Although the term "Lamanite" was first applied to the literal family of Laman, the name "Lamanite" later referred to a religious/political faction whose distinguishing feature was its opposition to the church. (Jacob 1:13–14) The concept of Lamanites being associated with lineage "became an increasingly minor factor, and later there are many examples of Lamanites becoming Nephites and Nephites becoming Lamanites." [4]

Matthew Roper notes that the term "Lamanites" does not necessarily mean a genetic descendant of Lehi:

Early revelations to the Prophet Joseph Smith found in the Doctrine and Covenants associate Native American groups with the Lamanites of the Book of Mormon. In Doctrine and Covenants 3:17—20 we read that the Book of Mormon is intended to bring the Nephites, Jacobites, Josephites, Zoramites, Lamanites, Lemuelites, and Ishmaelites "to the knowledge of their fathers" (v. 20). Similar ideas are found in Doctrine and Covenants 10:45—51 and 19:27. The Lord instructed Oliver Cowdery and others to "go unto the Lamanites" and teach them (D&C 28:8—9; see D&C 28:14; 30:6; 32:2) and told Newel Knight and others to "take [their] journey into the regions westward, unto the land of Missouri, unto the borders of the Lamanites" (D&C 54:8; see also 28:9). The land west of Missouri was then known as the "Indian Territories," so the passage connects at least some Native Americans of that region to the Lamanites. However, the nature of this association is not entirely clear, since the term Lamanite is, as demonstrated, not exclusively genetic in its meaning. It is certainly possible that North American Indian groups visited by early Latter-day Saint missionaries included within their number at least some who were actual descendants of Book of Mormon peoples. [5]

In fact, the Lord, in D&C 10:48, tells us who the Lamanites are and how He defines that term:

Yea, and this was their faith—that my gospel, which I gave unto them that they might preach in their days, might come unto their brethren the Lamanites, and also all that had become Lamanites because of their dissensions. (DC 10:48) (emphasis added)

Similarly, Helaman 3:16 states:

And they have been handed down from one generation to another by the Nephites, even until they have fallen into transgression and have been murdered, plundered, and hunted, and driven forth, and slain, and scattered upon the face of the earth, and mixed with the Lamanites until they are no more called the Nephites, becoming wicked, and wild, and ferocious, yea, even becoming Lamanites. (Helaman 3:16) (emphasis added)

Not all "Lamanites" were literal descendants of Laman

President Spencer W. Kimball clearly understood that all "Lamanites" were not literal descendants of Laman.

I have met some who are a little bit ashamed that they are Lamanites. How can it be? Some would rather define themselves as Nephites, or Zoramites, or Josephites, or something else. Surely there must be a misunderstanding. Would they separate themselves from the great blessings the Lord has promised to his covenant people? Would they cast off their birthright? For the Lord himself has chosen to call these people Lamanites—all the mixed descendants of Father Lehi, and Ishmael, and Zoram, and Mulek, and others of the Book of Mormon record; all of the literal seed of the Lamanites, “and also all that had become Lamanites because of their dissensions.” (D&C 10:48.) [6]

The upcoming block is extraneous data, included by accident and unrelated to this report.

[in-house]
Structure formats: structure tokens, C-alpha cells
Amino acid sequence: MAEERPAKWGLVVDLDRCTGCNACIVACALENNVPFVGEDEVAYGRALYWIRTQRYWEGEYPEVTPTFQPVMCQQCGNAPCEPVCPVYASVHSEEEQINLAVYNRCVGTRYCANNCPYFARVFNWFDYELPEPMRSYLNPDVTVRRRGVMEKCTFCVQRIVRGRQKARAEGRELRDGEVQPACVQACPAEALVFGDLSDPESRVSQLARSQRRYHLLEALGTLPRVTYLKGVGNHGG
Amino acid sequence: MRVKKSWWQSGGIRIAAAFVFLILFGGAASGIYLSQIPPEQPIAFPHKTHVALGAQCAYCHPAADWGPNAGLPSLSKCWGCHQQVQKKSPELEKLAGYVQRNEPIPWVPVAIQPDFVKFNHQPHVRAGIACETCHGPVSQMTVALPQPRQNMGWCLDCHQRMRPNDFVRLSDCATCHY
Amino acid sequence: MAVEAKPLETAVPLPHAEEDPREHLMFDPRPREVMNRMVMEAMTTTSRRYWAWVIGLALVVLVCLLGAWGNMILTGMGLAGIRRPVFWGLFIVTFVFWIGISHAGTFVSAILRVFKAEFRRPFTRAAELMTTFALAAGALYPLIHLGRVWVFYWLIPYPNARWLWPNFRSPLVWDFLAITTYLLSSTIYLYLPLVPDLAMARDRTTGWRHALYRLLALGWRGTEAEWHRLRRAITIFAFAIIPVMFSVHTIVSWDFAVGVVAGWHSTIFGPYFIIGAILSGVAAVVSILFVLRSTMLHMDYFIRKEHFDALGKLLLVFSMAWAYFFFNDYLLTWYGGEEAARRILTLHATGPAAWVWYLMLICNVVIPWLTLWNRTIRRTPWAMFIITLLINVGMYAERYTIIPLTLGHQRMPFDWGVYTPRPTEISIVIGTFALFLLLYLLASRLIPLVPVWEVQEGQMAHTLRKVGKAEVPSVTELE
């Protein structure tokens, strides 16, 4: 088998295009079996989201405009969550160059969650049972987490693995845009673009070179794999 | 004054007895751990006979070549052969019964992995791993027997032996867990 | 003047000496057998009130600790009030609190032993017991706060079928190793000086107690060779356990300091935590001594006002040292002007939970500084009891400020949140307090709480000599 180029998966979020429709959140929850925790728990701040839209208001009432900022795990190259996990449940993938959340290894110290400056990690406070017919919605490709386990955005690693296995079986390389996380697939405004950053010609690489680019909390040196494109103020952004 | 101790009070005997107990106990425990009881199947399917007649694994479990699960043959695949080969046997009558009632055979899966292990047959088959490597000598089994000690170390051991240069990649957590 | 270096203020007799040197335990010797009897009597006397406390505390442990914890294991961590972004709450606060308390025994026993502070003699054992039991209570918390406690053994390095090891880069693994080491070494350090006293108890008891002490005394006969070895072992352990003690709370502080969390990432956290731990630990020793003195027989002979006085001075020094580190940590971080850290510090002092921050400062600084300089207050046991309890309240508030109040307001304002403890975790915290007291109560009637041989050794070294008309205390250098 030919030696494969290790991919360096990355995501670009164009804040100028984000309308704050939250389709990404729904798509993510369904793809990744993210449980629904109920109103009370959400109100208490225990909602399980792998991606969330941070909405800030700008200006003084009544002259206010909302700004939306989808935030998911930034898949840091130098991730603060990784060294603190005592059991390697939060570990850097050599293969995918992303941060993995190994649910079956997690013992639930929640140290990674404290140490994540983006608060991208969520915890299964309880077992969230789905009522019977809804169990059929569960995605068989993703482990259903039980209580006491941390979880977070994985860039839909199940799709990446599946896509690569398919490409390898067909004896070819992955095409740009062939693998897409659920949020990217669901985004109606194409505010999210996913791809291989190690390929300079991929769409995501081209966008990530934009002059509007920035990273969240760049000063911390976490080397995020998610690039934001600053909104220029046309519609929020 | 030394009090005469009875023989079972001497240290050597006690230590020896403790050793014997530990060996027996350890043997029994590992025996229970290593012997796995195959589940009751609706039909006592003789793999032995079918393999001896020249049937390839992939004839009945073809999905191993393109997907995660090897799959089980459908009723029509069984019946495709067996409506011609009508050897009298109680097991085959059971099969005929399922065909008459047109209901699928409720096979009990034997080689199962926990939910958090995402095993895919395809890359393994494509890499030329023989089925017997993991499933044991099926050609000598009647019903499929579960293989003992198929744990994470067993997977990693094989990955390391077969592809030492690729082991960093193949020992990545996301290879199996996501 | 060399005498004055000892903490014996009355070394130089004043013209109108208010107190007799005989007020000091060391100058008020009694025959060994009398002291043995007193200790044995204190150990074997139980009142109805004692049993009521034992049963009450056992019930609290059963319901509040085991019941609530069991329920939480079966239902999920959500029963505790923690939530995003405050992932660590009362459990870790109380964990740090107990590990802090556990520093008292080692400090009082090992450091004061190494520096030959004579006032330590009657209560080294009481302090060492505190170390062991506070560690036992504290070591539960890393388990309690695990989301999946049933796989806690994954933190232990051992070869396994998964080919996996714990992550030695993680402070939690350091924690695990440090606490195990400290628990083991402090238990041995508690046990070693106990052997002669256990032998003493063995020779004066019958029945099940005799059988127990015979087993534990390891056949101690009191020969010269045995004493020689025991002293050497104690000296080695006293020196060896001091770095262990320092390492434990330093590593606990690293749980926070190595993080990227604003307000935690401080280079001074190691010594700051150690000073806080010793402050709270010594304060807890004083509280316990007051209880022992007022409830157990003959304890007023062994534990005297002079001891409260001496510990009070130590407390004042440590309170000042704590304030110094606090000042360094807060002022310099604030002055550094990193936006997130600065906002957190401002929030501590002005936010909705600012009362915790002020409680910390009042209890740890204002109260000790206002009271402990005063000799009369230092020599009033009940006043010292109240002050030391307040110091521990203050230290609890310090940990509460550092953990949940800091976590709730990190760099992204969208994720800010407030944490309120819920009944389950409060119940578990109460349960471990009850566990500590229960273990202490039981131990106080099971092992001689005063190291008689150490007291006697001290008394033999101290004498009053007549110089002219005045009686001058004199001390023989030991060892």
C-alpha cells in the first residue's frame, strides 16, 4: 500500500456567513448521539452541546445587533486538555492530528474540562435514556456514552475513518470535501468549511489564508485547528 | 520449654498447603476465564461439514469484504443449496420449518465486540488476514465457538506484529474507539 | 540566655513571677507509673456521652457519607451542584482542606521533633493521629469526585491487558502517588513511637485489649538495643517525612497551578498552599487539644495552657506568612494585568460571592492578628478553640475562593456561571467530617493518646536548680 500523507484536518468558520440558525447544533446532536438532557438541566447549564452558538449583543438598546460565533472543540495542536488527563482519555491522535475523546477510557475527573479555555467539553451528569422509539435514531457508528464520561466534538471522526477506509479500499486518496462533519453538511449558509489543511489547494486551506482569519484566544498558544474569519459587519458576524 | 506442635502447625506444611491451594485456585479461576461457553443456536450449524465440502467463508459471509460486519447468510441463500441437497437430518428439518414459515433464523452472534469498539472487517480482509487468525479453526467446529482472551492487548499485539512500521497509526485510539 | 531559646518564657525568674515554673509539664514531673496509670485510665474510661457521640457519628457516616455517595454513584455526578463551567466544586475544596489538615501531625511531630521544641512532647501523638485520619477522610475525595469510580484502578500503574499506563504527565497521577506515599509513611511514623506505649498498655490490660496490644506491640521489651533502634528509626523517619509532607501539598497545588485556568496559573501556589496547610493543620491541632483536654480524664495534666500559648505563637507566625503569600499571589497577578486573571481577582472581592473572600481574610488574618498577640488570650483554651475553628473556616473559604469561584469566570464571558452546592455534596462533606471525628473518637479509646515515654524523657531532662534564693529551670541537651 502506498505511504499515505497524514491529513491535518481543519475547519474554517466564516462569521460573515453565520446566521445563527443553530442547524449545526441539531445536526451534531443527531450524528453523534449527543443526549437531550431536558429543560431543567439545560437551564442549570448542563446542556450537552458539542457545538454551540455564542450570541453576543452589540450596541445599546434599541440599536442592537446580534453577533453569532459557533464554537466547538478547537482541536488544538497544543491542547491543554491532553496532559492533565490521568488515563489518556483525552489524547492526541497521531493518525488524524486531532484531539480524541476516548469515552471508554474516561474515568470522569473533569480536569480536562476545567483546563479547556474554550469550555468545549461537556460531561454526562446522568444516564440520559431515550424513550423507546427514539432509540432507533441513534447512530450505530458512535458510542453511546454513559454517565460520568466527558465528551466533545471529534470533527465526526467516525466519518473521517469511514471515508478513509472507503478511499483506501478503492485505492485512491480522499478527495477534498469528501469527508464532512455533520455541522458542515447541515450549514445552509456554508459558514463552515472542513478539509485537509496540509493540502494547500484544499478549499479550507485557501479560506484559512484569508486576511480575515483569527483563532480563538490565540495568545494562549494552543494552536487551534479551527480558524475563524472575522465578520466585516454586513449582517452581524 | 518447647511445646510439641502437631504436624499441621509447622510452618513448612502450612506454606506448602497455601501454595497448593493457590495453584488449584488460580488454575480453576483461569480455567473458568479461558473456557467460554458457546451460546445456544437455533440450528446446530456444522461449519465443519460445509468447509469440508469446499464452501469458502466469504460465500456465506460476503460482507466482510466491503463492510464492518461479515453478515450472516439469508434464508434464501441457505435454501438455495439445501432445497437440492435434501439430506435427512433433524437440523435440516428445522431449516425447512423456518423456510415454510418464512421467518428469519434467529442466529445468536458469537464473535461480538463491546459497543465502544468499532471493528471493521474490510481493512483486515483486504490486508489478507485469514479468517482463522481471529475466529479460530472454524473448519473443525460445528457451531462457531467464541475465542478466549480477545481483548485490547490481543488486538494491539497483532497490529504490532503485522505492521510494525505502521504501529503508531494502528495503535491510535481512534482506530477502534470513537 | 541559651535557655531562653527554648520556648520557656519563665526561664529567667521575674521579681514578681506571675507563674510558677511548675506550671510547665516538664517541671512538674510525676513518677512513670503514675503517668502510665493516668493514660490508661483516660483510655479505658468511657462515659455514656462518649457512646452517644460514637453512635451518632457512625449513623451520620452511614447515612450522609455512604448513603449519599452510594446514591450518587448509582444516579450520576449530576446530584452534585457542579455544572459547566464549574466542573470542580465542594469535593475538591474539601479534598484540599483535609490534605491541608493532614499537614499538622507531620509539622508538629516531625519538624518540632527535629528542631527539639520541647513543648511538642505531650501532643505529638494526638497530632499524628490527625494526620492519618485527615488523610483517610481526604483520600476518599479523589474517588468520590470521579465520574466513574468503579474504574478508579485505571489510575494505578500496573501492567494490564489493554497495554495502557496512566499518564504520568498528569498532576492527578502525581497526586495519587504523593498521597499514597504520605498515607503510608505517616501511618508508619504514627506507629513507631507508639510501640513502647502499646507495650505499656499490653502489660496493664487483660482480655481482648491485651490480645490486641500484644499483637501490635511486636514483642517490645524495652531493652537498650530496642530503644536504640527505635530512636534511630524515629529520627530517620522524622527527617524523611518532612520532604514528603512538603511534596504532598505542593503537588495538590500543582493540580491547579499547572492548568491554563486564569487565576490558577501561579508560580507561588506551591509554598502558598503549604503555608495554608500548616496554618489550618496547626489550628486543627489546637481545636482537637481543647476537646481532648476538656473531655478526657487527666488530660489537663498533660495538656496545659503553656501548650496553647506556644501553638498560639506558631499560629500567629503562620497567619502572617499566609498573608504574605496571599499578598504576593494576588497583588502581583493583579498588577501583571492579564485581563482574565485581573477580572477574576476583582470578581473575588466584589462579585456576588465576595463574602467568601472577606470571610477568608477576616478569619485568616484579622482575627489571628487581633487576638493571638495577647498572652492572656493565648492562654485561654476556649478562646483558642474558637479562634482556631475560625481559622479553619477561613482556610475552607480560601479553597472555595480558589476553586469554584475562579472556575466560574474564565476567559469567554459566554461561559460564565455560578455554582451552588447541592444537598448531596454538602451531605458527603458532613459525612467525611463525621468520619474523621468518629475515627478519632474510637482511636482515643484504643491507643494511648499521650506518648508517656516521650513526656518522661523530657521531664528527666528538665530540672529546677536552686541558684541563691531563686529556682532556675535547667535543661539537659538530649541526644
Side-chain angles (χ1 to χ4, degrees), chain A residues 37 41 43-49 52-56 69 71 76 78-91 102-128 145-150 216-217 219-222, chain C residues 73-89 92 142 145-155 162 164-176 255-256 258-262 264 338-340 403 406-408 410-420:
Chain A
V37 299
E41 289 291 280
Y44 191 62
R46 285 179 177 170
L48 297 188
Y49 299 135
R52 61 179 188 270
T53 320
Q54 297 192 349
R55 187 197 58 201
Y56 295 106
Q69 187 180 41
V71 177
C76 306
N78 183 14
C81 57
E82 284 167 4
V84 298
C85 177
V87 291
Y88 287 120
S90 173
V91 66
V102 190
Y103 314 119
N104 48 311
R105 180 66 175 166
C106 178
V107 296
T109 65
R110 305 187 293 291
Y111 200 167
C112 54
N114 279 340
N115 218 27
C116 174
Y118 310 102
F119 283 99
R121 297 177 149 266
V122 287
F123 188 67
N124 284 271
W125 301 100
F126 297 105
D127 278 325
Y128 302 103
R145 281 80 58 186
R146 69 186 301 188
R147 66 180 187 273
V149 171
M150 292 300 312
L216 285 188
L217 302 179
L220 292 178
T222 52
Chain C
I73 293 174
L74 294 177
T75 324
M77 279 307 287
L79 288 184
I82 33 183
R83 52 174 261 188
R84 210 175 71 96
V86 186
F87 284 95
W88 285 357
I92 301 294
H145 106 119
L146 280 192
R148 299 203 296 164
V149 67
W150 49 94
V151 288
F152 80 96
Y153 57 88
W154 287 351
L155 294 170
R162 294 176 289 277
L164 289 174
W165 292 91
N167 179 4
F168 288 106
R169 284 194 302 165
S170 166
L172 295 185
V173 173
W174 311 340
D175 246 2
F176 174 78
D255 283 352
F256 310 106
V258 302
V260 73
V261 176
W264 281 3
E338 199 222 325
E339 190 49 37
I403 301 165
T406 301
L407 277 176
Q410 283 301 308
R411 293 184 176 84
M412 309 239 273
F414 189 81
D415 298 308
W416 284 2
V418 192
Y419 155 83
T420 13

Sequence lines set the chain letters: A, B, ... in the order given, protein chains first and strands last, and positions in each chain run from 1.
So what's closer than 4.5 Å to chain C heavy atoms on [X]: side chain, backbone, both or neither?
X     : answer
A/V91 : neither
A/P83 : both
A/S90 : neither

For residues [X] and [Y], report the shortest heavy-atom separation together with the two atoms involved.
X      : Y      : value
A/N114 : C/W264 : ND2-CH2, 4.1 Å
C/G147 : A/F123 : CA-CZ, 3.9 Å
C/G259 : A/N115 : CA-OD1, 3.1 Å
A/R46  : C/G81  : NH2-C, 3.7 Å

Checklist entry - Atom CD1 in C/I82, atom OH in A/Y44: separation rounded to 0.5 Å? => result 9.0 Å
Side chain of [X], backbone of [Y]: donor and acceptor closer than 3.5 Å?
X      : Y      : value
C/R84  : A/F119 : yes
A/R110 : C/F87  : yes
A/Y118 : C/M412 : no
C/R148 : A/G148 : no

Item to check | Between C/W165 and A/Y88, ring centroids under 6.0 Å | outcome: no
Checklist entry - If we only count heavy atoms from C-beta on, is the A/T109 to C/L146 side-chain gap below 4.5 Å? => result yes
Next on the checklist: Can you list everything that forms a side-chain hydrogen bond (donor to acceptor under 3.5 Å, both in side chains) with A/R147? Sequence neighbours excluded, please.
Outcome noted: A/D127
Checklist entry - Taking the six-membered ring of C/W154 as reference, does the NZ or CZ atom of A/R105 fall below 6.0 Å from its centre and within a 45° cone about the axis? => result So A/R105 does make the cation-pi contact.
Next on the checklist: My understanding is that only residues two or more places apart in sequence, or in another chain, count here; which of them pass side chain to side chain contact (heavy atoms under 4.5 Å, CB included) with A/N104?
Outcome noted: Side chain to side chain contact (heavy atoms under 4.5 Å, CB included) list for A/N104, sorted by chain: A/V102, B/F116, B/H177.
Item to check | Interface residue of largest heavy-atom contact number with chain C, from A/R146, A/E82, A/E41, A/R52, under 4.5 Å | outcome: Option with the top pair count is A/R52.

When Joseph spoke of the "Lamanites," he was clearly speaking of the descendants of the people described in the Book of Mormon. The Book of Mormon describes people as being Lamanite either through lineage, or through dissension.

Modern population studies have suggested that after about 2,000 years all those that lived at that earlier time, and had descendents, would be ancestors of everyone living today. This would make all of the inhabitants of the New World in both North and South America literal descendents of Lehi and his family, to some degree. All could properly be literally referred to as Lamanites. This is a recent development, and many earlier statements were made without this knowledge. [7][8][9]


To see citations to the critical sources for these claims, click here

Notes

  1. "Ezra Booth Letter," Ohio Star Nov. 29, 1831.
  2. Manuscript Revelation Books, vol. 1 of the Revelations and Translations series of The Joseph Smith Papers, ed. Dean C. Jessee, Ronald K. Esplin, and Richard Lyman Bushman (Salt Lake City: Church Historian’s Press, 2009), 51-53.
  3. Book of Commandments, Ch. 30.
  4. Lane Johnson, "Who and Where Are the Lamanites?," Ensign (Dec. 1975), 15. It should be noted that this Ensign article, published in 1975, clearly promotes a hemispheric geographical model for the Book of Mormon, as illustrated by the map shown.
  5. Matthew Roper, "Swimming the Gene Pool: Israelite Kinship Relations, Genes, and Genealogy," FARMS Review 15/2 (2003): 129–164. off-site
  6. Spencer W. Kimball, "First Presidency Message: Our Paths Have Met Again," Ensign (Dec. 1975), 2.
  7. John M. Butler, "Addressing Questions surrounding the Book of Mormon and DNA Research," FARMS Review 18/1 (2006): 101–108. off-site wiki
  8. Matthew Roper, "Swimming the Gene Pool: Israelite Kinship Relations, Genes, and Genealogy," FARMS Review 15/2 (2003): 129–164. off-site
  9. Brian D. Stubbs, "Elusive Israel and the Numerical Dynamics of Population Mixing," FARMS Review 15/2 (2003): 165–182. off-site